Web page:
Anne of Windy Poplars
This volume started off slow for me. It is full of long letters Anne writes to her now-beau Gilbert during their years of separation. He's in medical school and she's the principal and teacher at a school in another town. I love epistolary novels, but since we never read any of Gilbert's letters, the reading got a little long. And then my schedule opened up and I was able to read the rest of the novel almost in its entirety. It picked up after that.
I've given some thought to adding letters to the text of my novel. Rereading Anne of Windy Poplars gave me some things to consider as I move forward with the second draft of my book.
It's still not my favorite volume, but it is a cozy part of Anne's life. From a storytelling perspective, it covers the period when Anne and Gilbert are not physically together.
Anne's House of Dreams
For those who read the Anne series as girls, it goes without saying that Gilbert inspired our own searches for our match. He was kind and noble and crazy about Anne. As a reader, it was wonderful to get to this part of the story, but as a woman of 40 whose life hasn't gone quite the way she planned, it reinforced that I hadn't found my Gilbert after all. I cried my way through the beginning of the story, and then the ache eased as I fell in love with this volume all over again. In Anne's House of Dreams, she encounters an amazing cast of new characters. And their stories captivate.
Anne encounters her first real tragedy since her childhood as an orphan in the days before she arrives at Green Gables. We witness how this perennially optimistic character weathers her own grief and it's encouraging. Anne becomes a mother. It was lovely to see myself in the adult Anne as I had identified with the child Anne.
Another character who writes appears on the scene in this book. It was interesting to read those passages from my current vantage point and compare notes. It was also interesting to see the ways that L.M. Montgomery continued to weave characters from previous books into the current story. It was subtle, never forced, and always exciting to “learn what they were up to now.”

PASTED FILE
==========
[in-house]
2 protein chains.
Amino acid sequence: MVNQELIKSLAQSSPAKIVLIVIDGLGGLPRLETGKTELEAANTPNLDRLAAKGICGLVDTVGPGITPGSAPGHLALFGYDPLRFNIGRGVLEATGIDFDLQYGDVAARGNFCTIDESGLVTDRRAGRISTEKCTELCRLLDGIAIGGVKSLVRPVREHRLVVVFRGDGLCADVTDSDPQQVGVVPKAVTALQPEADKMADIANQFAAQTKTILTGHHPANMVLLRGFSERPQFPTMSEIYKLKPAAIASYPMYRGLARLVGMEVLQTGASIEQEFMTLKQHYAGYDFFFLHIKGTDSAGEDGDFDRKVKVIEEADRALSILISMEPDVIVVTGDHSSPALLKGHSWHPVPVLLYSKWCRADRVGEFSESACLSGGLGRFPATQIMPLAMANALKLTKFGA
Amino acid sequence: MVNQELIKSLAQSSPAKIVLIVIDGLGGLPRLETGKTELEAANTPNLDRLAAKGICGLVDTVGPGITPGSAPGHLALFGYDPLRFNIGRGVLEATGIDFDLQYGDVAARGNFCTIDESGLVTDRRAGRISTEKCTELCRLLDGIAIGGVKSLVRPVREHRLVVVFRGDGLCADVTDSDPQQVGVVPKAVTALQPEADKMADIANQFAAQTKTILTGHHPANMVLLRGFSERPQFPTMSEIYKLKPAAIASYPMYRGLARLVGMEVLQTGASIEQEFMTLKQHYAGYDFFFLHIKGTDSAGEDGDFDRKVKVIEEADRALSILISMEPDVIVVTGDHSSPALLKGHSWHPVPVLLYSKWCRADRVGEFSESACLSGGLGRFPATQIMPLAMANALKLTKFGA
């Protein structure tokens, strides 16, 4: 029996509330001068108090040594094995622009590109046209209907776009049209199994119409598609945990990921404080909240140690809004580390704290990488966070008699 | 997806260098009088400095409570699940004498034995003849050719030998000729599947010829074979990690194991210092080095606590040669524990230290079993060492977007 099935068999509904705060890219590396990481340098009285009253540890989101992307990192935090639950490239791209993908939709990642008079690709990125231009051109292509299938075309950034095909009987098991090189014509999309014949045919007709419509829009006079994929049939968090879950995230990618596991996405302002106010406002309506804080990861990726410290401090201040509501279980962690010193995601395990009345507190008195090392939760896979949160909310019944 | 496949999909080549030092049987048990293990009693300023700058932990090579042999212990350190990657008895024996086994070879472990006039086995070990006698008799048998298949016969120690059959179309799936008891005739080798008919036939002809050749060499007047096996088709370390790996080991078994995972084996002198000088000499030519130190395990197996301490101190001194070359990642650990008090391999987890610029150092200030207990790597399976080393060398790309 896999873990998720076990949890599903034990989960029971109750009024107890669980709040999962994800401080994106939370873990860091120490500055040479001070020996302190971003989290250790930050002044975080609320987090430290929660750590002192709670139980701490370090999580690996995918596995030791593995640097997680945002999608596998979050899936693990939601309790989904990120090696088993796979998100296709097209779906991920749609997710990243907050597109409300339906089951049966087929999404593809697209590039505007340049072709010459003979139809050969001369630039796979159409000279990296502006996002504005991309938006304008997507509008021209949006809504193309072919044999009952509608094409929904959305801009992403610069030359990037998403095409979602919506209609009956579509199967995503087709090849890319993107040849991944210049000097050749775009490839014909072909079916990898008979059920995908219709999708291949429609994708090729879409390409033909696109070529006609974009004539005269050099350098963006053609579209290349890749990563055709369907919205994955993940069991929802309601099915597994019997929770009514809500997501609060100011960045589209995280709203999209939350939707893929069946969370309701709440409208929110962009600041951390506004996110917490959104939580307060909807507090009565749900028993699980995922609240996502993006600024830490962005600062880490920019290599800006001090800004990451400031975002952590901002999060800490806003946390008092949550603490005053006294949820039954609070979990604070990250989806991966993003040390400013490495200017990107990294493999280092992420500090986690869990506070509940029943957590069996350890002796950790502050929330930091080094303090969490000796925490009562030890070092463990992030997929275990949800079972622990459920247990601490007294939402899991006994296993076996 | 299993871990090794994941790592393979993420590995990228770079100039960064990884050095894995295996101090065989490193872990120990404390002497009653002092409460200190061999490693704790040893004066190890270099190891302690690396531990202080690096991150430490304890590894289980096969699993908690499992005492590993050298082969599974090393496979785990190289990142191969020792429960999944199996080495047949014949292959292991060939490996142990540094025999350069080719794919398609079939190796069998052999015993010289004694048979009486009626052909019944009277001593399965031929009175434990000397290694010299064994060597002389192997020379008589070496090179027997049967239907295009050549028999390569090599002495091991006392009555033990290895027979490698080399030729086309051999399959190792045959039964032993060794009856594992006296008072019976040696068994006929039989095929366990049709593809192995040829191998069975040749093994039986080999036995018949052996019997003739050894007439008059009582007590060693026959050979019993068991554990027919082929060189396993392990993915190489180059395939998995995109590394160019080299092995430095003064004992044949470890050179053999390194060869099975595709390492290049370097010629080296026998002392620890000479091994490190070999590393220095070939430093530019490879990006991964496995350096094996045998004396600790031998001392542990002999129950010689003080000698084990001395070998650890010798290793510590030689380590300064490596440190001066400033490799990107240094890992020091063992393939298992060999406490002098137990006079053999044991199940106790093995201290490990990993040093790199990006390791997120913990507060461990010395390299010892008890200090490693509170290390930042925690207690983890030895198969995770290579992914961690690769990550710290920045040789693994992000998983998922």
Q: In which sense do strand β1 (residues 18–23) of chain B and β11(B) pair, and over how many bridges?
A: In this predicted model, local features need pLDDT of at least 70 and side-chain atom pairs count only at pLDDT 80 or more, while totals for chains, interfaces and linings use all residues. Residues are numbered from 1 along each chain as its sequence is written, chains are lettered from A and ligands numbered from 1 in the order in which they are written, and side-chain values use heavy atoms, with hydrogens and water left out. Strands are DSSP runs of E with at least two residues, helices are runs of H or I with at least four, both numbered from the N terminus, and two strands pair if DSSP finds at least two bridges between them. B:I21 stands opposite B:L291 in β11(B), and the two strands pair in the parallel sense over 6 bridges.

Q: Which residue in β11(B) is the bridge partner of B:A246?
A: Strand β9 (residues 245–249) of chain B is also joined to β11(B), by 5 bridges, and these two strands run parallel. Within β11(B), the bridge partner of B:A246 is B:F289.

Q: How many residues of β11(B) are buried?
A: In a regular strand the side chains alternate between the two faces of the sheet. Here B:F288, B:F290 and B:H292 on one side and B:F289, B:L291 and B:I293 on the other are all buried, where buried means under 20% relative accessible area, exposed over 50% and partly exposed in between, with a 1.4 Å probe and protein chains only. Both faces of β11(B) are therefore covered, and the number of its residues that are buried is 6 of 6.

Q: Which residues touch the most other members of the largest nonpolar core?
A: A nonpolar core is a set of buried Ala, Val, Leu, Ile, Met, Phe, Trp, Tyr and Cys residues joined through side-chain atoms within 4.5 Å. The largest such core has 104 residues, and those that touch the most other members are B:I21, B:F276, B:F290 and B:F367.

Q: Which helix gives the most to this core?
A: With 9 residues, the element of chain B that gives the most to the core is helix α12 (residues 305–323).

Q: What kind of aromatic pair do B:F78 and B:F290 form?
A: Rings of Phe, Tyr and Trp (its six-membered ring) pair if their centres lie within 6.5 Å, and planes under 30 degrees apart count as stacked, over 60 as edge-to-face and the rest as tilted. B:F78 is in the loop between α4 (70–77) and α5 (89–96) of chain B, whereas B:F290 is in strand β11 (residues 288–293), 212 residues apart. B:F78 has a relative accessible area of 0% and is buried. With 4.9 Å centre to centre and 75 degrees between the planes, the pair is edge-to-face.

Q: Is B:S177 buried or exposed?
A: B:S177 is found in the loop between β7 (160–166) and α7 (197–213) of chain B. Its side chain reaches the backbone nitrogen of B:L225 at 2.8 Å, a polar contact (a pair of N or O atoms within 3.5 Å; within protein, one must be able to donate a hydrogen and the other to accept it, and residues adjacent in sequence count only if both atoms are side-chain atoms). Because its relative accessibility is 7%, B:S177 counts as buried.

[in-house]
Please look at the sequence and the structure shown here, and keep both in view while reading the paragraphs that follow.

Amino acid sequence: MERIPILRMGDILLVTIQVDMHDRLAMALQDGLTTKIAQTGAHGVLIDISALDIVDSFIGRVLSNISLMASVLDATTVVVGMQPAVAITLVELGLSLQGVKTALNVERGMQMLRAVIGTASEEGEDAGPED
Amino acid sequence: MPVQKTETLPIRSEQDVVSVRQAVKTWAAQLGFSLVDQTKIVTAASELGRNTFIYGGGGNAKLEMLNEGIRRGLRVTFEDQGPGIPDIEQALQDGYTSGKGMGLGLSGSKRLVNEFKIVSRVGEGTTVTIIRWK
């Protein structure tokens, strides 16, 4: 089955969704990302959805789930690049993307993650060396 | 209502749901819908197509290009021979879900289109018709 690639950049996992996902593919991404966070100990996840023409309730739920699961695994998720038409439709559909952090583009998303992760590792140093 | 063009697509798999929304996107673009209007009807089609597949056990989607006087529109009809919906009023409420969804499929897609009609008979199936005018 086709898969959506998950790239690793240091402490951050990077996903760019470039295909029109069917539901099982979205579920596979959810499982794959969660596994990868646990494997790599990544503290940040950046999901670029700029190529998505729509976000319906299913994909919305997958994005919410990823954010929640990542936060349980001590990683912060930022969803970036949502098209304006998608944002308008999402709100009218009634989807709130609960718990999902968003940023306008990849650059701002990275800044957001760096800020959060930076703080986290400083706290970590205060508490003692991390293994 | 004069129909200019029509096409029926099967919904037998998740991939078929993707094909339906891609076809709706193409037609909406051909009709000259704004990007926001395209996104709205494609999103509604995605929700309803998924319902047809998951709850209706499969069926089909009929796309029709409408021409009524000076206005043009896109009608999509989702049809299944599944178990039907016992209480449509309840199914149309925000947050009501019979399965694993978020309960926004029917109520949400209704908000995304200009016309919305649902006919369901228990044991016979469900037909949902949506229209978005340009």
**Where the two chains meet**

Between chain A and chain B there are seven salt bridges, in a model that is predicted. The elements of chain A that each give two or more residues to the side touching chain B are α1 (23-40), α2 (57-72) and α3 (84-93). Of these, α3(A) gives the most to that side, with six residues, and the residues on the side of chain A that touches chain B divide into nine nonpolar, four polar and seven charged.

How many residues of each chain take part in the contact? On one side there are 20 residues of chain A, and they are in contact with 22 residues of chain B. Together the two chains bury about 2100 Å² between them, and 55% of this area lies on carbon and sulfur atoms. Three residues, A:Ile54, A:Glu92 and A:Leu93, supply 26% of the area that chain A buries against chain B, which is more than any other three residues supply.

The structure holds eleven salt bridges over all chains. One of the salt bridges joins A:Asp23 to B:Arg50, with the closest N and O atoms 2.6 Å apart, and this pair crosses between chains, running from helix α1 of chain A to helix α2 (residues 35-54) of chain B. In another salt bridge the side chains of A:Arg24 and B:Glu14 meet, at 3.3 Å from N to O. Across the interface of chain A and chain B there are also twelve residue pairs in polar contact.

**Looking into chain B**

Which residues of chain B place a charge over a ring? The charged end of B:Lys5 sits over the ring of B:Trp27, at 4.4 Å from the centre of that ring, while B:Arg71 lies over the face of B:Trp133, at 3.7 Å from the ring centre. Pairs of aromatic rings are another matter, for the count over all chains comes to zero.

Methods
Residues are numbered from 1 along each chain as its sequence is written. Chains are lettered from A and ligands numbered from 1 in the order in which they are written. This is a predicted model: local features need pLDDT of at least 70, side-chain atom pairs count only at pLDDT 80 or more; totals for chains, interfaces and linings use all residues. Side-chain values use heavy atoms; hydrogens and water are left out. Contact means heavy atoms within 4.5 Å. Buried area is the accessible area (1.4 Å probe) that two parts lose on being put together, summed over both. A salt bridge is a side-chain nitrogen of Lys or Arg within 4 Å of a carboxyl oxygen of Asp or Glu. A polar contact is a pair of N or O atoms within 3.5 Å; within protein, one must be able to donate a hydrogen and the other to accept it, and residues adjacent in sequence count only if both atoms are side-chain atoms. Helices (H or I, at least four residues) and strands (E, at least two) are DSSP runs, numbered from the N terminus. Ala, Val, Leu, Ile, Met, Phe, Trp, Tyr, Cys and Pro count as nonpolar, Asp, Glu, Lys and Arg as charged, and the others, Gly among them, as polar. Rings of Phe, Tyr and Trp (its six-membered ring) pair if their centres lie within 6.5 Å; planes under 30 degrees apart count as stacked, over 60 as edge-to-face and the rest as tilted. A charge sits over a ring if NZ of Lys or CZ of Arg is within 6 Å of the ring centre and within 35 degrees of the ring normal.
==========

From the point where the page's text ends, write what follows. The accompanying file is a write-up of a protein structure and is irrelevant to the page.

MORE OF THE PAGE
It was this volume that solidified my decision that Prince Edward Island (PEI), the setting of all six books, would be the next trip I save for. I'm always happiest when I can see the next trip on the horizon. PEI here I come!
Anne of Ingleside
Anne is the mother of six living children and they now inhabit the “big house” they've named Ingleside. We get to know Anne's children throughout this book. Anne takes a backseat in this novel, so we can become acquainted with Jem, Walter, Nan, Di, Shirley, and Rilla. The stories of Anne's children and their own imaginative lives were sweet, but they always seemed to go on just a little too long. I'd begin missing Anne and want the chapter or vignette to hurry up and end. It finally would, Anne would walk into the room, work her motherly magic over the child or household, and I would be happy again.
A minor character reflected to herself, "...she hoped she would look like Mrs. Blythe some day...with that ripened look...the look of a woman who has lived fully and graciously." I wholeheartedly agree. I want to age this way too.
Anne always seemed to have the right words to say when her children needed them most. "Darling, you're terribly mistaken about it all. God doesn't make bargains. He gives...gives without asking anything from us in return except love. When you as Father or me for something you want, we don't make bargains with you...and God is ever and ever so much kinder than we are. And He knows so much better than we do what is good to give."
Anne thought about how soon her children would be grown. "They were still hers...wholly hers, to mother and love and protect. They still came to her with every love and grief of their little hearts. For a few years longer they would be hers...and then? Anne shivered. Motherhood was very sweet...but very terrible." This mother can relate.
This volume showed an Anne we hadn't seen before—a tired mama who sometimes felt taken for granted. I could relate to this Anne as I had her earlier, younger versions, and admired L.M. Montgomery all the more for giving our beloved heroine this true-to-life dimension. I am certain none of this occurred to me in earlier readings, which is the reward for rereading a cherished childhood book as an adult.
"Well, that was life. Gladness and pain...hope and fear...and change. Always change! You could not help it. You had to let the old go and take the new to your heart...learn to love it and then let it go in turn. Spring, lovely as it was, must yield to summer and summer lose itself in autumn."
I'm excited to cross this item off my list. It feels good to have gone through the entire series in quick succession. There are two more Anne books that I am ashamed to admit I never read as a girl. I don't know how this happened, but it feels like a great 40th birthday gift to myself. Rainbow Valley is waiting for me in audiobook on the reserve shelf at the library. My commutes to work and home are going to be lovely! And then there's Rilla of Ingleside that will follow.
I found this great article commemorating the Anne series' 100th birthday seven years ago. I read it and agreed with the writer throughout the article. She articulates far better than me Anne's contribution to children's literature.